LIND: On a more personal level: we were both raised by our grandparents. How do you remember your childhood?
PETERSEN: My grandparents were great! Two fundamentally different people from whom I have certainly taken over many good things that I still cherish.
My grandmother played always the active part. She wasn't afraid of anything and was very straight.
My grandfather was the sensitive one, attached to nature, which he brought to my attention early on. He also made me aware of the fact that there is more than what we can see.
I grew up with that sentence. And he always made me feel okay.
My grandparents showed me how to be mindful and compassionate. A great legacy!
LIND: And your parents?
PETERSEN: My parents' relationship wasn’t easy, so I grew up with my grandparents for twelve years. They lived nearby.
As a child, I suspected that something was different in our family, but I grew up at a time when this was not necessarily a topic for children. It was just what it was. But it still felt awkward.
I think that's where my sensitivity originated. I learned to sound out moods very early on. Also to observe closely.
LIND: When, and why did you decide to become a photographer?
PETERSEN: I discovered photography as a teenager. You see, I'm missing something like a filter! I am somewhere, no matter where, or whether with people or out and about and I’ll absorb and notice a lot.
That started when I was a kid.
The camera is my medium to process everything that resonates with me, what I see and perceive.
LIND: Agreed. I’ve worked with a few excellent photographers in my time. Yet, you always struck me as highly sensitive. You often say “it’s got to feel right’ and you transpose your sense of that right feeling into your work. Tell me about how your emotional antennae work?
PETERSEN: Unfortunately, this is not so easy. There is this feeling I've always been able to rely on. It arises, so to speak, as a third entity when two people meet. Everybody knows that, and yet it is so important to be treat it with mindfulness.
In my profession, this is of course of utmost importance. I portray many people. Very few people initially like to be photographed. I get fully involved with the other person and try to sense how they feel right now. And that's where I can pick them up.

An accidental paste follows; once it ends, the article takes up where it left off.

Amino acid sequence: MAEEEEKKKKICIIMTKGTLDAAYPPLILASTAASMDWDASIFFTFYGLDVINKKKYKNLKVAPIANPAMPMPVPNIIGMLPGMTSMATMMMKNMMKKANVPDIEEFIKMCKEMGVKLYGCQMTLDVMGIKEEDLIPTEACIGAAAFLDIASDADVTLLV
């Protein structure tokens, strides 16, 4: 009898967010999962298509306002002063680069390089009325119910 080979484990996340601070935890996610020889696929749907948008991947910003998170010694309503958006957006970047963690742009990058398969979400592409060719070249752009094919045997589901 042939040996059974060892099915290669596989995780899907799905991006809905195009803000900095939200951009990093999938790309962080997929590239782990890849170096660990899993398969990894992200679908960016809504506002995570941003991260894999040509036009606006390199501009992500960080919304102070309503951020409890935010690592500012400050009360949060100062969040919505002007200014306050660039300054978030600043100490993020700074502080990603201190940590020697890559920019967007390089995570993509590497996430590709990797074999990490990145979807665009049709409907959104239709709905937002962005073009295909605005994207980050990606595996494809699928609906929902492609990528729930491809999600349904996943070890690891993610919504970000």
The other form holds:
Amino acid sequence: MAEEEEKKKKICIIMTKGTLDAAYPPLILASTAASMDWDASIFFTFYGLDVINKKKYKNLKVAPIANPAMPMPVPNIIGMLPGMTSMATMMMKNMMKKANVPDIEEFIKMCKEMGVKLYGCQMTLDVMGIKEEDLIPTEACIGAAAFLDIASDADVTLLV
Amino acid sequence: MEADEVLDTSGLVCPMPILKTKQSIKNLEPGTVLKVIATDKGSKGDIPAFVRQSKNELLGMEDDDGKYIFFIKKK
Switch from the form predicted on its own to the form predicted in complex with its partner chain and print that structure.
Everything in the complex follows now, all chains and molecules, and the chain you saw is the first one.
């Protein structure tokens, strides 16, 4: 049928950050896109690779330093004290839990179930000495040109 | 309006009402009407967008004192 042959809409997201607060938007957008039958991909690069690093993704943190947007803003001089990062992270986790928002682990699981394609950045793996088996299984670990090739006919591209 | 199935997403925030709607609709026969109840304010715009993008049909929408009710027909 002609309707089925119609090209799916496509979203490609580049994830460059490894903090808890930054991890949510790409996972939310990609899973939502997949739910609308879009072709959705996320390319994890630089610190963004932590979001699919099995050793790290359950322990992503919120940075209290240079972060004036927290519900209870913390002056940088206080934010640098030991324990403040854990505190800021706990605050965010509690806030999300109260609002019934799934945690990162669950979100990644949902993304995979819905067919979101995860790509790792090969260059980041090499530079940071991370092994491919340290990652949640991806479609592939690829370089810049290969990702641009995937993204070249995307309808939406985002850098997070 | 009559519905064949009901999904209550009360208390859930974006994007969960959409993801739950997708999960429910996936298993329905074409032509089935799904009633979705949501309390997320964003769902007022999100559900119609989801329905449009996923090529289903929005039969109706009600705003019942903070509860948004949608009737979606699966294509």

I don't act, I really feel it, and that makes working with each other uncomplicated and almost familiar.
LIND: You are also well known for being a person of the right moment. Please describe such a spark?
PETERSEN: For example, I intend to make an important phone call that involves a lot. It may take a few days for me to do this because I just don’t ‘feel it’ before.
And then, all of a sudden, while I’m busy with something totally different, I know NOW is the time. And then, I just reach out and am at my best, convincing and all, because my basic feeling has already done half the work.
LIND: We both love cats. You often photograph them. Your thoughts?
PETERSEN: Yes that's true. Cats play a big role in my life. I find cats to be highly sensitive. I've experienced it many times. Once, even during an earthquake. They scan the emotional state of a human being and certainly have more sensory organs than we do.
LIND: Gudrun, do you trust in a higher power?
PETERSEN: Yes, fortunately :) I'm not always connected to it, but very often I am. These are the really good moments in my life.
For me, the sheer belief also has something very comforting.
LIND: What do you see as your life’s purpose?
PETERSEN: To look closely and to reflect life with the my occupational aptitude as a photographer and author.
LIND: Wonderful Gudrun, and that’s exactly why you are here today.
Thanks for talking to me on this important day and much success with your exhibition.
PETERSEN: Thank you for inviting me.